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As another ponzi scheme berths in Nigeria

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By Tony Ademiluyi

CHARLES Ponzi was an Italian-American who was fascinated by life in the United States when he first arrived. He was taken in by the American dream and vowed within himself to be part of the wonderful way of life.

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The 1920s in Uncle Sam proved to be the ripe time for him to strike. This was before the Great Depression when Americans relished quick wealth with the purchases of stocks. He promised his ‘clients’ 50 per cent profit if they kept their money with him for 45 days or 100 per cent profit if they kept their money for 90 days. He had no known business model to multiply the funds. He was more or less robbing Peter to pay Paul.

The funds from new investors were used to pay the older ones. As long as the greedy investors had funds to part with, the music in the party kept playing on with word spreading around like wildfire about the novel money-making scheme. Like insightful analysts warned, the bust happened with millions of investors having their fingers burnt. The smart Ponzi fled with his new found wealth before ending up behind bars. His greatest ‘legacy’ is that Ponzi schemes were named after him to assure his ‘immortality.’

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When the Sergey Mavrodi ‘MMM’ scheme came to Nigeria in early 2016, it found lots of die-hard apostles as the economic policies were biting harder on Nigerians. It was too good to be true as the returns of 50 per cent ensured that ‘brave investors’ stayed afloat. It was so popular that a song was composed in its honour. The most lucrative job at the time was to become a guider – they made tons of money by ‘guiding’ the people under them in the pyramid box and made a fortune doing next to nothing other than just sweet-talking potential customers.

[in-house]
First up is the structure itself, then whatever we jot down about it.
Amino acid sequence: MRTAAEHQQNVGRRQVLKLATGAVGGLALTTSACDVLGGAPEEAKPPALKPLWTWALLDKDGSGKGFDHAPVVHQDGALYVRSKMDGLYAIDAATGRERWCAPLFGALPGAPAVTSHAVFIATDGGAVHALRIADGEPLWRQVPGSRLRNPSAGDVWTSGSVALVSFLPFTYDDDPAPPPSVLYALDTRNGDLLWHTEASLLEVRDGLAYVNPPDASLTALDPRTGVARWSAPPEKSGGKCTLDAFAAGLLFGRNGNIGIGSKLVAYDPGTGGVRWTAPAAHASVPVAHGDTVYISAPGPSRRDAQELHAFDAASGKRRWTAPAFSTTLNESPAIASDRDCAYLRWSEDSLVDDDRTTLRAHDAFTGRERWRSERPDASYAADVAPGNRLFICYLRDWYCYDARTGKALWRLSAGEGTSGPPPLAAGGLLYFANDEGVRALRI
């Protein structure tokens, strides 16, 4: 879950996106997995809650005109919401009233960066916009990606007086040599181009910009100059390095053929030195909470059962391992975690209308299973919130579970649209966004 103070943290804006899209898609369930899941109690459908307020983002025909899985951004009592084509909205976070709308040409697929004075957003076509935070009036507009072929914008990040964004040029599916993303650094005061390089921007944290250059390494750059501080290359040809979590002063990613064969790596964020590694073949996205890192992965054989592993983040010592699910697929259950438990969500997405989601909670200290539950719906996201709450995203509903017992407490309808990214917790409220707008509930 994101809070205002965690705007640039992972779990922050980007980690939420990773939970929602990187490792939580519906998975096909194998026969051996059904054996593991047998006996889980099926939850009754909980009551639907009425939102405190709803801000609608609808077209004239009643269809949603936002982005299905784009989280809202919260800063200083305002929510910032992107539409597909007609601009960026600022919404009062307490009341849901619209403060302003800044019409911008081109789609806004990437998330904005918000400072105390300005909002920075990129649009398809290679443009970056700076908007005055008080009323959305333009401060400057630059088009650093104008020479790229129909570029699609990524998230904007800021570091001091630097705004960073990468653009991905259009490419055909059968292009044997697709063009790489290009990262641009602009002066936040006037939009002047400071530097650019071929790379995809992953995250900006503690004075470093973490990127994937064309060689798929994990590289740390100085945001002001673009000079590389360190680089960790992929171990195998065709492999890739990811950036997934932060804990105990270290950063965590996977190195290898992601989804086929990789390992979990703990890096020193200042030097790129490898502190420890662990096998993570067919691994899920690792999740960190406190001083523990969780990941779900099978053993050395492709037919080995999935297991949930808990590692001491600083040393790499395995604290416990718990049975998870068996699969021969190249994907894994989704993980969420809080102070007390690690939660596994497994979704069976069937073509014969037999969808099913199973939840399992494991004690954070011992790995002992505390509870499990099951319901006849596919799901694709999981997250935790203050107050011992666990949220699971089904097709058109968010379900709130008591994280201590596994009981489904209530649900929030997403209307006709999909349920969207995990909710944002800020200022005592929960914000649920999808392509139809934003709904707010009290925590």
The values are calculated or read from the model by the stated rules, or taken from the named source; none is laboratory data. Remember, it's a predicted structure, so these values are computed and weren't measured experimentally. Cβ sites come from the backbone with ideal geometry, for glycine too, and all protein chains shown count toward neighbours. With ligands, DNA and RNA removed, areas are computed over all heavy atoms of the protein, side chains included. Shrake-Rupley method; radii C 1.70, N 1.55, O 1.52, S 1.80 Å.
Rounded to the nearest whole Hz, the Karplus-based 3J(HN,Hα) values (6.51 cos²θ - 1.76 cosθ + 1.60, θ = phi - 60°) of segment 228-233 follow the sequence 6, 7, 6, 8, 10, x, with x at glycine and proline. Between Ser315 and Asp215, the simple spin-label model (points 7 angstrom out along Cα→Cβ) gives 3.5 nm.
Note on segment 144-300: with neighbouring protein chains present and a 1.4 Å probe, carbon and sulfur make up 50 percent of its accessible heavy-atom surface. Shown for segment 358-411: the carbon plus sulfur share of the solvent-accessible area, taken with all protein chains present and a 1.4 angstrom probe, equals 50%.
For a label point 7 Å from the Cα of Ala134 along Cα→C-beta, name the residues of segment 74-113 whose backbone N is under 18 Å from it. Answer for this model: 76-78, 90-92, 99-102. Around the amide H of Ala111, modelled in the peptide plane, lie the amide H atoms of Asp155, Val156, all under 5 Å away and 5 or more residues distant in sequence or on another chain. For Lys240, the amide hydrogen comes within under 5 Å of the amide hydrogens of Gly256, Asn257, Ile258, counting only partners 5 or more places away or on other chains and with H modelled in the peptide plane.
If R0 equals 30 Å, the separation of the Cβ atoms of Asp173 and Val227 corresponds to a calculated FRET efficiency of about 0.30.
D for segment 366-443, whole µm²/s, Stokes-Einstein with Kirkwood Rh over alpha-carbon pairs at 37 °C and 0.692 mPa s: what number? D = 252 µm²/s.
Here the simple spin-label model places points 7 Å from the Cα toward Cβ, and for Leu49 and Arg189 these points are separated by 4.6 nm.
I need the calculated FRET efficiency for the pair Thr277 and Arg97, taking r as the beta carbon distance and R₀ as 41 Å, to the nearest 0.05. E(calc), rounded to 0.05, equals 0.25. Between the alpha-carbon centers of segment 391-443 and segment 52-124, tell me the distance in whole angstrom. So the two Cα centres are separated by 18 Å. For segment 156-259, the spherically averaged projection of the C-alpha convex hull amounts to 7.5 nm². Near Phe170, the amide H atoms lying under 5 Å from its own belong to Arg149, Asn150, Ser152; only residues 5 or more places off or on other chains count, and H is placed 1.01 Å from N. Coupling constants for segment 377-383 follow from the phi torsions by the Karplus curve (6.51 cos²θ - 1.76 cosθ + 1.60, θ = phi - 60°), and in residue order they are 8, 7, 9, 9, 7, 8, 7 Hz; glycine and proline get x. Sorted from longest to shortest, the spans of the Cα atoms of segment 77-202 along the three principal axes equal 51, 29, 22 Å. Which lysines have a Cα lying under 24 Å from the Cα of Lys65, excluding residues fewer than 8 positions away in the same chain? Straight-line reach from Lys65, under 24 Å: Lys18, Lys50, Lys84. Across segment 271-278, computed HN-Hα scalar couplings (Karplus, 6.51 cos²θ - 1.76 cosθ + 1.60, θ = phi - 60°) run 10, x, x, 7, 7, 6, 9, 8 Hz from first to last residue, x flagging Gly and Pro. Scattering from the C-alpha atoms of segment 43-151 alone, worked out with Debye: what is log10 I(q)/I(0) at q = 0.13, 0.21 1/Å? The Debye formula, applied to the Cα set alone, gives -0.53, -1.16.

Then came the great bust in December 2016 when it was suspended with the promise to reopen it in January 2017. That promise was never fulfilled as billions of naira disappeared without a trace as they had no physical office in the country. The death of the founder last year put paid to the hopes of any funds recovered as there was an announcement that the scheme had died with the founder as there were no worthy successors to carry on his ‘legacy.’

The announcement of the latest Ponzi scheme in town, Loom Nigeria, and the enthusiasm with which it is being promoted shows that Nigerians never learn from history. The promises are so mouthwatering – an investment as low as between N1000 to N13,000 with eight times the return in only 48 hours. Wow! That’s too good to be true! Will we ever learn?

Loom Nigeria has no physical office and known promoters, unlike the defunct MMM. They have no known business model or even a functional website as they operate in closed groups on Facebook and Whatsapp. We remember the wonder banks and how their crash led to untold hardship for Nigerians. The wonder banks have resurfaced with the Ponzi schemes spread by the power of the new media and the internet.